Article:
AIR 1982 SC 1473. S.P. Gupta v. Union of India, AIR 1982 SC 149, c.f. Justice G.P. Singh & Alok Aradhe (Ed.), M.P. Jain & S.N. Jain, Principles of Administrative Law (Lexis Nexis Butterworths Wadhwa Nagpur, New Delhi, 5thEdn., Reprint 2008), p. 541. 3 Peter Cane, The Function of Standing Rules in Administrative Law, 1980 Public Law 303, c.f. Justice G.P. Singh & Alok Aradhe (Ed.), M.P. Jain & S.N. Jain, Principles of Administrative Law (Lexis Nexis Butterworths Wadhwa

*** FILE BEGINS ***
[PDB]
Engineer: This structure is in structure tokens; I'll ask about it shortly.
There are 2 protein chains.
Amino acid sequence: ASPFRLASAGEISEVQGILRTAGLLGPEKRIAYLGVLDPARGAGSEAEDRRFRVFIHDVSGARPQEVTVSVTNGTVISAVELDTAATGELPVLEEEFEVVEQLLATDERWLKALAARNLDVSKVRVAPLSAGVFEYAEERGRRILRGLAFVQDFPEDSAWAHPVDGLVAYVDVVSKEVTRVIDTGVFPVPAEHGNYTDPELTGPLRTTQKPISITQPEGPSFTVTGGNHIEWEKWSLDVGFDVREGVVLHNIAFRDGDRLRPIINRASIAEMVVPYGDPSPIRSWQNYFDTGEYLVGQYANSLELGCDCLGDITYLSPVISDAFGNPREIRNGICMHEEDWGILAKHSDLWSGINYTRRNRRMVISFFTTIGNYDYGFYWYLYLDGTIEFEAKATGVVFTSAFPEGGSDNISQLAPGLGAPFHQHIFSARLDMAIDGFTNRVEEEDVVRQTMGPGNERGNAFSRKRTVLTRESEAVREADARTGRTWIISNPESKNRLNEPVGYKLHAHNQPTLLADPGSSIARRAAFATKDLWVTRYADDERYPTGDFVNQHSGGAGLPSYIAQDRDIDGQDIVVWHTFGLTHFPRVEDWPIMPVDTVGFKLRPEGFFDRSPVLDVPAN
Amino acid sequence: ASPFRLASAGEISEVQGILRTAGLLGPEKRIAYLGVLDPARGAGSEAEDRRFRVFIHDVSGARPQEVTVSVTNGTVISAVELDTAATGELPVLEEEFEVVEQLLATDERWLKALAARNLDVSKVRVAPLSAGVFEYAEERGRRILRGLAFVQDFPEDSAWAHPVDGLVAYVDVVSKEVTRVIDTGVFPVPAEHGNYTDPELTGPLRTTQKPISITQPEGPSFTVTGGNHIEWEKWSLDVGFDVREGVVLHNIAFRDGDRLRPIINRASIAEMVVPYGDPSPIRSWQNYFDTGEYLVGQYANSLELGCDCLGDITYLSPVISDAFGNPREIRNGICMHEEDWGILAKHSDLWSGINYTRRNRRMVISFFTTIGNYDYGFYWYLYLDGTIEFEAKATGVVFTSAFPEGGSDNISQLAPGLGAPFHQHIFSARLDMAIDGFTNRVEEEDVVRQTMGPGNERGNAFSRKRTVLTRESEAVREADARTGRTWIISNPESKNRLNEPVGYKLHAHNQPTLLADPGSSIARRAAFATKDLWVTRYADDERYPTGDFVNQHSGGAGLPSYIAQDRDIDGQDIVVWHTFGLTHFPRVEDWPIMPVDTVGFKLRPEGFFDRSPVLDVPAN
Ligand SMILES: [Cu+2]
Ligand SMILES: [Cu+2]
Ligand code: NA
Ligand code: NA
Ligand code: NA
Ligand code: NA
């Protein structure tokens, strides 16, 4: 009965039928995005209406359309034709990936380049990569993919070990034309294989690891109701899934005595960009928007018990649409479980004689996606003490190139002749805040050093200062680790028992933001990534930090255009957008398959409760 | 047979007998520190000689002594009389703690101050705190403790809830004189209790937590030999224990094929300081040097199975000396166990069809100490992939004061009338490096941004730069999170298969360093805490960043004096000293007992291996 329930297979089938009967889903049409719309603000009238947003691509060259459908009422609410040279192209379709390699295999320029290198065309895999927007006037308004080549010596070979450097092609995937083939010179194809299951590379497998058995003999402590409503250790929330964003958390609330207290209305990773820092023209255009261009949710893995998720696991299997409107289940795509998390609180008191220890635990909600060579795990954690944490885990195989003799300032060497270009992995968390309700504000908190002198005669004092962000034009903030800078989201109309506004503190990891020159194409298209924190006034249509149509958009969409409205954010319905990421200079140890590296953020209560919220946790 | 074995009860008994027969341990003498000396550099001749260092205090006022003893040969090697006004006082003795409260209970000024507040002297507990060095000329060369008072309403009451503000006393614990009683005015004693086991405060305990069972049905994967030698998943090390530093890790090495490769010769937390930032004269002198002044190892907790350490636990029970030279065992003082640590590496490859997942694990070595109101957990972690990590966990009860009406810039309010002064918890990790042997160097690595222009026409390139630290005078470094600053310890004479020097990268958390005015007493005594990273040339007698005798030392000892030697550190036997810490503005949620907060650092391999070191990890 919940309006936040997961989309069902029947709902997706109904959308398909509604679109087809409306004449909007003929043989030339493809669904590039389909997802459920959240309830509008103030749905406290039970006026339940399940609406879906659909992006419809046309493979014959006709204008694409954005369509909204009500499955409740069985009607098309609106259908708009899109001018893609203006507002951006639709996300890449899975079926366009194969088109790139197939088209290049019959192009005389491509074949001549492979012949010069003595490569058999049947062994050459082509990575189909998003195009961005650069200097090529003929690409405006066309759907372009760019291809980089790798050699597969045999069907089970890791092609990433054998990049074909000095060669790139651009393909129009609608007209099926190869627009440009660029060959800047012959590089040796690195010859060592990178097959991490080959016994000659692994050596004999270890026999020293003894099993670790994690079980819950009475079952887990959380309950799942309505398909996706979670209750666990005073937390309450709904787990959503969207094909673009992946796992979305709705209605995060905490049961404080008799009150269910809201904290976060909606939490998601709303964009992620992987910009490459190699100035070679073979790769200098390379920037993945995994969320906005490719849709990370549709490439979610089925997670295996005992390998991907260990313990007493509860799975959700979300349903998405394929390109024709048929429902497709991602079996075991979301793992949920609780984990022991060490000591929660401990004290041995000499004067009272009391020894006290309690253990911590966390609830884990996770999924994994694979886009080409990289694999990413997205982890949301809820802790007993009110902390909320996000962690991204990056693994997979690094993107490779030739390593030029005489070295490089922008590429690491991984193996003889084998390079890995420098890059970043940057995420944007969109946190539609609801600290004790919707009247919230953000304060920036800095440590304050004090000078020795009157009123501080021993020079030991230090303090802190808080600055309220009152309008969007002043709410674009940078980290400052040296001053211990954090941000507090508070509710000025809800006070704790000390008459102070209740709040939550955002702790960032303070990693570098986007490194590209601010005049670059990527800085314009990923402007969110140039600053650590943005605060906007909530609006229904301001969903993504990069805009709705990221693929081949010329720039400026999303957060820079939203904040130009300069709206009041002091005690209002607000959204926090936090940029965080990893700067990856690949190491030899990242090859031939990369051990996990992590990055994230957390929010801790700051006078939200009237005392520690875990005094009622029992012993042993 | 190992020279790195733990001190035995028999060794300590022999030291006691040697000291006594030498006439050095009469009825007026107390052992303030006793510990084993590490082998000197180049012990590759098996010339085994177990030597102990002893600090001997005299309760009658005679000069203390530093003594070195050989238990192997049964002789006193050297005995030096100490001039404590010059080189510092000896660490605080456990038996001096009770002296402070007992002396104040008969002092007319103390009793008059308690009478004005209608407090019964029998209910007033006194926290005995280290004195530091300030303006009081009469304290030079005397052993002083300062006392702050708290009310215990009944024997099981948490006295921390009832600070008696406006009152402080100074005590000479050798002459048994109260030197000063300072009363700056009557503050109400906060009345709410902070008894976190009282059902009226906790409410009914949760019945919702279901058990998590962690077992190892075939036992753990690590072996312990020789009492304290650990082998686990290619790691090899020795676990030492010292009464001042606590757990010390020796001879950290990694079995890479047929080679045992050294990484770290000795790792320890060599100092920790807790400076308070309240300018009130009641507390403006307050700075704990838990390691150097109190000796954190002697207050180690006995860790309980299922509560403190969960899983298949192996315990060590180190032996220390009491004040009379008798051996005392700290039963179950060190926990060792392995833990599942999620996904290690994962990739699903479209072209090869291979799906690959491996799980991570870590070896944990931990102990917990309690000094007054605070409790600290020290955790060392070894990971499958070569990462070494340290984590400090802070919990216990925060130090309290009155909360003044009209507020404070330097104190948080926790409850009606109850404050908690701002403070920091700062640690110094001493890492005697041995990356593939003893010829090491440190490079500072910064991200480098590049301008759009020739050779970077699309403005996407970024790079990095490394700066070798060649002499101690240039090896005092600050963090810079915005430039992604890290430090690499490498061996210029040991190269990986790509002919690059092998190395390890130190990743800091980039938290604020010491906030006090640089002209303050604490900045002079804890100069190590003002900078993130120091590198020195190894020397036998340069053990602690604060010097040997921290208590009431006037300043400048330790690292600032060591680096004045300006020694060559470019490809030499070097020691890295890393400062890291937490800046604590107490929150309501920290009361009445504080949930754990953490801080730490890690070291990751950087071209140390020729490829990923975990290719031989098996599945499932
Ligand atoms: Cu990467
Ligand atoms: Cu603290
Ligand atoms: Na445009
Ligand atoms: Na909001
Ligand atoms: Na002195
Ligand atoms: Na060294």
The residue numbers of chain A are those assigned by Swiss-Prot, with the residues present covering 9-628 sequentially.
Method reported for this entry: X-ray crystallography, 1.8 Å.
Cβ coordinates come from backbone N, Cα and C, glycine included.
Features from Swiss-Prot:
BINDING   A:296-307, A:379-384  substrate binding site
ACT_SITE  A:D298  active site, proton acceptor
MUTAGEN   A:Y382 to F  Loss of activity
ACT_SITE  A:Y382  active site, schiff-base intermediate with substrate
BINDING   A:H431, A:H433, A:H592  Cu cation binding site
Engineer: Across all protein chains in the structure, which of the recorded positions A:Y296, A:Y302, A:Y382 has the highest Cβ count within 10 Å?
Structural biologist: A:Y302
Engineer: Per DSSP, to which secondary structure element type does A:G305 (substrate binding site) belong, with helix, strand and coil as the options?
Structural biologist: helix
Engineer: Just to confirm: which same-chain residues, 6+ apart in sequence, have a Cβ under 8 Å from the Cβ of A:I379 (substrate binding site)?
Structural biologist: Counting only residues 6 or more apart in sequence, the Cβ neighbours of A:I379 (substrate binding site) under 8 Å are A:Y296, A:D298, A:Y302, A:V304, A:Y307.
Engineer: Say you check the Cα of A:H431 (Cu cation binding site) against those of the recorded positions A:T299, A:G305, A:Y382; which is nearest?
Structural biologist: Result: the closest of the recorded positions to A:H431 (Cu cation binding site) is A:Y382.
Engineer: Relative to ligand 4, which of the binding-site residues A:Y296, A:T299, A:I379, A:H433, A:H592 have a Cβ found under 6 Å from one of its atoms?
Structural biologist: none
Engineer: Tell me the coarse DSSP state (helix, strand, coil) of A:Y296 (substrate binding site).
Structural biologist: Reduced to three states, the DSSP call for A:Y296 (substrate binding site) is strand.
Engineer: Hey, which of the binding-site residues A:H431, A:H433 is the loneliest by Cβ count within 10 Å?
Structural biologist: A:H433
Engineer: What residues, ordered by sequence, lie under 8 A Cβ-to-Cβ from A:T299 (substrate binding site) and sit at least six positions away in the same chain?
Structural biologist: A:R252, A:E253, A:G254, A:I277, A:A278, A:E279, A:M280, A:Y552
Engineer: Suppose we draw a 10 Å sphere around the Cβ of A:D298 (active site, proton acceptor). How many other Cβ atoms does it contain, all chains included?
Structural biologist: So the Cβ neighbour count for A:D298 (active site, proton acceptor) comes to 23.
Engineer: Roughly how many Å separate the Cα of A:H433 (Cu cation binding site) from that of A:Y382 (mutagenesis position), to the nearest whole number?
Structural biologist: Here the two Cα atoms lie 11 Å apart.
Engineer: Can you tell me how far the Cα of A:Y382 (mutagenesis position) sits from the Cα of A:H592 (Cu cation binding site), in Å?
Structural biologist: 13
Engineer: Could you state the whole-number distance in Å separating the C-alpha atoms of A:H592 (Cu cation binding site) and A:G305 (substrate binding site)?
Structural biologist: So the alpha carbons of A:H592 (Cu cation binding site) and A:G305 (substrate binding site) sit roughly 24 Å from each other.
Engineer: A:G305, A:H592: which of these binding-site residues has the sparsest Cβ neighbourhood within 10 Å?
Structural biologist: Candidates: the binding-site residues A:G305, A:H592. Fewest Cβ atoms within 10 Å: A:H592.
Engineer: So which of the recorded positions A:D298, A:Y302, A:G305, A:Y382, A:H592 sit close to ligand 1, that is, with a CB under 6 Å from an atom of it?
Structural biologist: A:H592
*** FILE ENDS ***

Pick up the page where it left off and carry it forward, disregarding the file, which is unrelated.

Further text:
The concept of Public Interest Litigation can also be justified on the ground that as the power of the bureaucracy is expanding so it is inevitable that corresponding judicial power should also expand. In this kind of litigation, the petitioner seeks to enforce or prevent a breach of general public law. Public Interest Litigation is thus of great social relevance to the modern society. Thus the court was willing to acknowledge that it had a mandate to advance the rights of the disadvantaged and poor, though this might be at the behest of individuals or groups who themselves claimed no disability. Such litigation is termed Public Interest Litigation or Social Action Litigation by its foremost advocate, Professor Upendra Baxi. The Supreme Court of India gave all individuals in the country and the newly formed consumer groups or social action groups, an easier access to the law and introduced in their work a broad public interest perspective. Meaning and Definition: "Public interest Litigation" in simple words, means, litigation filed in a court of law, for the protection of "Public Interest", such as pollution, Terrorism, Road safety, constructional hazards etc. Public interest litigation is not defined in any statute or in any act. It has been interpreted by judges to consider the intent of public at large. Although, the main and only focus of such litigation is only "Public Interest" there are various areas where a Public interest litigation can be filed. For e.g.: Violation of basic human rights of the poor. Content or conduct of government policy. Compel municipal authorities to perform a public duty. Violation of religious rights or other basic fundamental rights.